Thor: Ragnarok is directed by New Zealand golden boy Taika Waititi previous director of cult comedy hit 'Hunt for the Wilder People'. Once again the all mighty god of thunder - Thor - is played by the always reliable Chris Hemsworth joined alongside old faces: Tom Hiddleston, Mark Ruffalo and some new ones: Tessa Thompson and Cate Blanchett. After Hela (the goddess of death), invades Asgard to take back her rightful thrown and both sons of odin are banished to a remote planet, the two must work together with the help of some new friends (and some old), in order to save Asgard.
Marvel mockery of the highest order. Not only does the god of thunder worsen his reputation as the lesser of the Marvel sub series but sparks up enough rouge lightning bolts to strike him into the very bottom of the Marvel hierarchy. Thor: Ragnorok is the weirdest, wackiest and the worst of the marvel bunch.
Waititi creates a trippy swirl, of Masters of the Universe mixed with any american sitcom. Motherbaugh's zany 80's score fizzles against the gorgeously vibrant world building marvel never fail to do. The visuals work wonders but don't treat you to any standout action scenes.
Its plausible how he offers his own odd style to the franchise - but feels as awkward as a gate crashed party. His quirky influence should push the Thor series into exciting new realms but ultimately adds nothing to both his mythology and the MCU itself.
Less is more - a phrase marvel quickly need to learn the meaning of. Ragnarok is the third and most sever example of everything wrong about modern Marvel. Humour is once again drenched over the entire picture and feels awfully forced. Almost every moment both serious and non serious are ruined by Waititi's need to make us laugh in all the wrong places. Must be the Kiwi Whit but I am not buying a single second of it.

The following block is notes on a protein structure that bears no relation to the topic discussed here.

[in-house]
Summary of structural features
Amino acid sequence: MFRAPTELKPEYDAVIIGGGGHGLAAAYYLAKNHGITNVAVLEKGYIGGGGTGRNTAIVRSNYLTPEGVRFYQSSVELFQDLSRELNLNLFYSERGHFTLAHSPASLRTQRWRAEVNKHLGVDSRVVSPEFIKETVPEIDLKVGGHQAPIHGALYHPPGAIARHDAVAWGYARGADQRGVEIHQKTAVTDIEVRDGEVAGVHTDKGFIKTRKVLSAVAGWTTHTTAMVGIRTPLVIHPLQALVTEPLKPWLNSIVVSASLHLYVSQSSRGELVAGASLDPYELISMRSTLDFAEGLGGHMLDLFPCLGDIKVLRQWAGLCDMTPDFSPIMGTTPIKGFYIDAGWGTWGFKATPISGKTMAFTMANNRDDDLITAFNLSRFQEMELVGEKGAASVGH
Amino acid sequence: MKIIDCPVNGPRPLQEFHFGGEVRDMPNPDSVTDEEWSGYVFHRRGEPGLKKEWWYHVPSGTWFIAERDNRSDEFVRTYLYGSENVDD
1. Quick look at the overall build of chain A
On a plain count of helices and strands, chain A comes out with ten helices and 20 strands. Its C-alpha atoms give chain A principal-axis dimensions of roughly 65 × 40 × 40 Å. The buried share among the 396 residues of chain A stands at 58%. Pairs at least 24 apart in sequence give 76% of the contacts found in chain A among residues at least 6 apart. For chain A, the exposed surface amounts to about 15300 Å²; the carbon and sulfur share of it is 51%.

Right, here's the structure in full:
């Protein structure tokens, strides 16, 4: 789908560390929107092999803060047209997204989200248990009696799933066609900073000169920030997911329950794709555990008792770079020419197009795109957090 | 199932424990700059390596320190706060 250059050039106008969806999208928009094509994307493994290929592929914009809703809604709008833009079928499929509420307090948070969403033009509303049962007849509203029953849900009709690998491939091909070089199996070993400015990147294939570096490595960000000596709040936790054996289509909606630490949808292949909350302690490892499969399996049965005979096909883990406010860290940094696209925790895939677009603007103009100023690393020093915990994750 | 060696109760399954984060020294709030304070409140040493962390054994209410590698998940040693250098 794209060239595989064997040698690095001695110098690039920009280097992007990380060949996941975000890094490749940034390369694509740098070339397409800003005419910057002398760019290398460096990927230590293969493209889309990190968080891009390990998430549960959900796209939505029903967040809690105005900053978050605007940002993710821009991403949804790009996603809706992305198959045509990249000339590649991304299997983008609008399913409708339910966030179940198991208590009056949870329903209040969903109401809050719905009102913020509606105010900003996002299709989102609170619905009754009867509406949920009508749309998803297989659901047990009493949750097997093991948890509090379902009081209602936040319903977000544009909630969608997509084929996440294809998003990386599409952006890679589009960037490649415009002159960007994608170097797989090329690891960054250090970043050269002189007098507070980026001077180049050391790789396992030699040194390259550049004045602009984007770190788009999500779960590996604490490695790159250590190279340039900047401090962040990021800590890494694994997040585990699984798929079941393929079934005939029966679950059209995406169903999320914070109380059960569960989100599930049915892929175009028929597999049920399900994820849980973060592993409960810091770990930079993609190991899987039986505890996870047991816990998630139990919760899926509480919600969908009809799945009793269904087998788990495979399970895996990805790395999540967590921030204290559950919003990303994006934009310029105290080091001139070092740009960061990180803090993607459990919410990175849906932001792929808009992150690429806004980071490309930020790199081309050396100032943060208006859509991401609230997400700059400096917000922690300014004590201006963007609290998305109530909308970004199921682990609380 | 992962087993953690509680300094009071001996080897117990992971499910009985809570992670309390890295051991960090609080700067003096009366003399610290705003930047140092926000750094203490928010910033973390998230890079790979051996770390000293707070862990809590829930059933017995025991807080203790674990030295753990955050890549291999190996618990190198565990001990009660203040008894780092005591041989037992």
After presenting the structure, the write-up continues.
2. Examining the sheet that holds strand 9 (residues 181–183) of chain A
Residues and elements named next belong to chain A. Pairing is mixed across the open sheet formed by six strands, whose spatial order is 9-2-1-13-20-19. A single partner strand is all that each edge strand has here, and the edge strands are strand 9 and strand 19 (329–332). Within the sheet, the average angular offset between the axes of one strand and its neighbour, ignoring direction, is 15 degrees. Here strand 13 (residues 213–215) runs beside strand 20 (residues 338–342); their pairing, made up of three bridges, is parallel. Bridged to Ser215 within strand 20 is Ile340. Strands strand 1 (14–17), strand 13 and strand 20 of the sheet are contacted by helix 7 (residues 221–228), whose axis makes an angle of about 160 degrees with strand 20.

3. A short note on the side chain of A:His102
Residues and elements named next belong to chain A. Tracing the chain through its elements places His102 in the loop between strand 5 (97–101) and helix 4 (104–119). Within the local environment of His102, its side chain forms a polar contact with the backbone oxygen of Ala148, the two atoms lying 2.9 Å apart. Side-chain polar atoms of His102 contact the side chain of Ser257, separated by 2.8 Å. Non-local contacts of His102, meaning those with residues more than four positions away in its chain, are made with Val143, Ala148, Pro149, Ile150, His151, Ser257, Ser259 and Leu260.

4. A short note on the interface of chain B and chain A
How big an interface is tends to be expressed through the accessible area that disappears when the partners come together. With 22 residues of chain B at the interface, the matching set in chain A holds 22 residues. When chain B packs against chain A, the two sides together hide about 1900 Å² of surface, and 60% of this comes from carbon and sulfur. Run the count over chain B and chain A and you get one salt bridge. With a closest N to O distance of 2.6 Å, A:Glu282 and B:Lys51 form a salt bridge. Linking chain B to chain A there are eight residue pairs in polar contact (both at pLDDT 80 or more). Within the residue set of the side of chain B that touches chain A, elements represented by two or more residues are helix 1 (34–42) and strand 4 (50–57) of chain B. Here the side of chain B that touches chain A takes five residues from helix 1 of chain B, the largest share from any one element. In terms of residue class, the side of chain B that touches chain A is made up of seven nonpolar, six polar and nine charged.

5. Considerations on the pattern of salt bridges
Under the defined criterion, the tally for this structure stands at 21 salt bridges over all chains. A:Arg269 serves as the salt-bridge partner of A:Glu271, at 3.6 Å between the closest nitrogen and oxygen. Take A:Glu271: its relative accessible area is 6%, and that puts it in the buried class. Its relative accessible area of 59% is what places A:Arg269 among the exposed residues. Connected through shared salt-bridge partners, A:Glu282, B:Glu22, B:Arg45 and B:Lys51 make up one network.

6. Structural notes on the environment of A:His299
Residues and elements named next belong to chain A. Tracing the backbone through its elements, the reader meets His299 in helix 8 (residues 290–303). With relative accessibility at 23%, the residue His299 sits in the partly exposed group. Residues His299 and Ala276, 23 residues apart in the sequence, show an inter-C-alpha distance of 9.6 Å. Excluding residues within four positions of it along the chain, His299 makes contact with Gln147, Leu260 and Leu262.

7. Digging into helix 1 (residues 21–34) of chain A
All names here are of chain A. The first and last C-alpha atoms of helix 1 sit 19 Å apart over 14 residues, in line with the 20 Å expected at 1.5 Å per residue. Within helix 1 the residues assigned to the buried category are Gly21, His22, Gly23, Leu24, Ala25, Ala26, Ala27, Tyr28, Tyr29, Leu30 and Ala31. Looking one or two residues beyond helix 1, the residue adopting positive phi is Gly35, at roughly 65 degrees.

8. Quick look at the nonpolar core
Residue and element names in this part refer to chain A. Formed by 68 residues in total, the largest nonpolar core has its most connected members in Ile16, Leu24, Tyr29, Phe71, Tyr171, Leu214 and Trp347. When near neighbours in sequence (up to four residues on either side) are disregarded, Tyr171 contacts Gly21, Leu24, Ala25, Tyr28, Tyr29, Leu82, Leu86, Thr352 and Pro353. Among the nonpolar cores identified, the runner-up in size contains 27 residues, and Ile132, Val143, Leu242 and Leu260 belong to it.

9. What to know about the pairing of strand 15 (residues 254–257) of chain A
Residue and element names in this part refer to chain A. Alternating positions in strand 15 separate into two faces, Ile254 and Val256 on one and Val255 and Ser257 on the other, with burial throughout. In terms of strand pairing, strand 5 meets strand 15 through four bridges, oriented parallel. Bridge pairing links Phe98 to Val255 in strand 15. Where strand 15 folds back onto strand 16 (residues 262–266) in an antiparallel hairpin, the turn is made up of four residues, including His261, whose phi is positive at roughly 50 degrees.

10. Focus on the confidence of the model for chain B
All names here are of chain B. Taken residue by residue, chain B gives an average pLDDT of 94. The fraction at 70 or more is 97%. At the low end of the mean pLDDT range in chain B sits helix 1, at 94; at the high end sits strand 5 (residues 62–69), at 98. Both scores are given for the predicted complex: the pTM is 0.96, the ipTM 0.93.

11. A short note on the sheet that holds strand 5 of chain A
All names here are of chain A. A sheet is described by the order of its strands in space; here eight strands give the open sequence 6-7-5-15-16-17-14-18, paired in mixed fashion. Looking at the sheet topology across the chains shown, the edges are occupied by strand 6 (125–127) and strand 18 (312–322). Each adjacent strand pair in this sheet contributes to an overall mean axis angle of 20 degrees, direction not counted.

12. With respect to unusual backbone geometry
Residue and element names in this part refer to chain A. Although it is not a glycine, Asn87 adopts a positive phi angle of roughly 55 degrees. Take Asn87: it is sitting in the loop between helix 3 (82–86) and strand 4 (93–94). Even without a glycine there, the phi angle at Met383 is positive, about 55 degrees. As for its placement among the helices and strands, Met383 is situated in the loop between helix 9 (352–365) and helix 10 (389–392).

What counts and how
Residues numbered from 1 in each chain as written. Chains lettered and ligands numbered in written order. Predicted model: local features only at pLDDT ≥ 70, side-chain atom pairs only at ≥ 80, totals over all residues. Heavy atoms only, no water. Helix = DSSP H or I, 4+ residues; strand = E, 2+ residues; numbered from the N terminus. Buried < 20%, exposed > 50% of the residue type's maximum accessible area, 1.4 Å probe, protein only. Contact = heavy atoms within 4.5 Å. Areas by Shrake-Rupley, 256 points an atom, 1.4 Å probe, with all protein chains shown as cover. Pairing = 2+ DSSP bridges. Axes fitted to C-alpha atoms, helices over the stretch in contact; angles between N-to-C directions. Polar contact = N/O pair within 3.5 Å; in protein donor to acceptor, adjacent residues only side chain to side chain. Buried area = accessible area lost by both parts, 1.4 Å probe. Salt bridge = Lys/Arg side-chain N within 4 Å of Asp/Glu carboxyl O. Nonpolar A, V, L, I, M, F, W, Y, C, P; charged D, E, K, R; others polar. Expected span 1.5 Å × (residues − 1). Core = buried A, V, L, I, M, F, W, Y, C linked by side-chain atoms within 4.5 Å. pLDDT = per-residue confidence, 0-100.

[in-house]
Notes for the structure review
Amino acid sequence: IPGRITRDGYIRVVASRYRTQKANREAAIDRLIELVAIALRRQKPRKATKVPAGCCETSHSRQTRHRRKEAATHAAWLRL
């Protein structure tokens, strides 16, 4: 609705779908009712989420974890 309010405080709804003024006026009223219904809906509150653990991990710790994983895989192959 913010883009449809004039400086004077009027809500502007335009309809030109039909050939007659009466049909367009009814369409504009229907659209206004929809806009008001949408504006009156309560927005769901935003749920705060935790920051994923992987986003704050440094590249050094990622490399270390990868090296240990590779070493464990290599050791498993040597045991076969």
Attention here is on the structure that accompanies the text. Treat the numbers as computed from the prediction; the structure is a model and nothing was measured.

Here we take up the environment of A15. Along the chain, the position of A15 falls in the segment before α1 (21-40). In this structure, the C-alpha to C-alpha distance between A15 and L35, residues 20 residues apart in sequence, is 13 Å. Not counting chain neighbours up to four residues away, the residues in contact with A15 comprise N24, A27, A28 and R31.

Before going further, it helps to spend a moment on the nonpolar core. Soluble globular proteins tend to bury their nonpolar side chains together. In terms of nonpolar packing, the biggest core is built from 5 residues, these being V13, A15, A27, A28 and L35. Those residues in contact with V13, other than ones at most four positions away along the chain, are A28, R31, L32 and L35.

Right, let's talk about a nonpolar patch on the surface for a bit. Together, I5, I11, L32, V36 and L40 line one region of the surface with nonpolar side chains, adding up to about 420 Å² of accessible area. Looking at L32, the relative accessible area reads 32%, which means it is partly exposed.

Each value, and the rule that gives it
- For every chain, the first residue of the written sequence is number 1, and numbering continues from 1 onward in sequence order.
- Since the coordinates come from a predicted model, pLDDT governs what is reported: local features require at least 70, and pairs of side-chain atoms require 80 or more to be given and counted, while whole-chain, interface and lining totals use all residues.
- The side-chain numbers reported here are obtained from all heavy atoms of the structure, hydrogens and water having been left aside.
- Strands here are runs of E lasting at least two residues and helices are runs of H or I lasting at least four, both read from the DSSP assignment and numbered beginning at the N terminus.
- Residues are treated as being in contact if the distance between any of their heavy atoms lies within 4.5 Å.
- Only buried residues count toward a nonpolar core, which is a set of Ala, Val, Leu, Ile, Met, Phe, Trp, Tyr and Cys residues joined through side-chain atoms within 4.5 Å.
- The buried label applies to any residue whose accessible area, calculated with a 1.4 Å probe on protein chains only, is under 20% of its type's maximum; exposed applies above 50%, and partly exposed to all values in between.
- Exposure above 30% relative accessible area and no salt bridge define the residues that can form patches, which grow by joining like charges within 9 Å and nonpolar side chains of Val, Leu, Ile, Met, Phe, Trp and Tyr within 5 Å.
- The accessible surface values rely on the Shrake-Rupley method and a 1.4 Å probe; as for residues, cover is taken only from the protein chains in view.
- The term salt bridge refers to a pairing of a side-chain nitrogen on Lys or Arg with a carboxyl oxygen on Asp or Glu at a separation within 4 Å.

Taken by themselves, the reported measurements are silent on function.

Ragnarok alienates itself from the MCU. Waititi has created his own vision that simply doesn't work with the source material - even though his abstract style could spice up the Thor universe. Unconventional humour often makes this Marvel outing tough to even sit through. Great performances highlighted through beautiful set pieces and visuals - ultimately drowned in Waititi's both frustrating and monotonous direction. The MCU needs a lot more than a few sparks to zap it away from its current position.
I am going to give Thor: Ragnarok:
Geostorm blusters in from disaster movie veteran Dean Devlin. Starring the ever so cheap Gerald Butler along with Abbie Cornish, Jim Surgess, Andy Garcia and Ed Harris. In the near future where satellites control the whether, natural disasters are a thing of the past. However, when the system starts to malfunction rather than decreasing the extreme weather Dutch-boy (satellite station) amplifies them ... on an epic scale!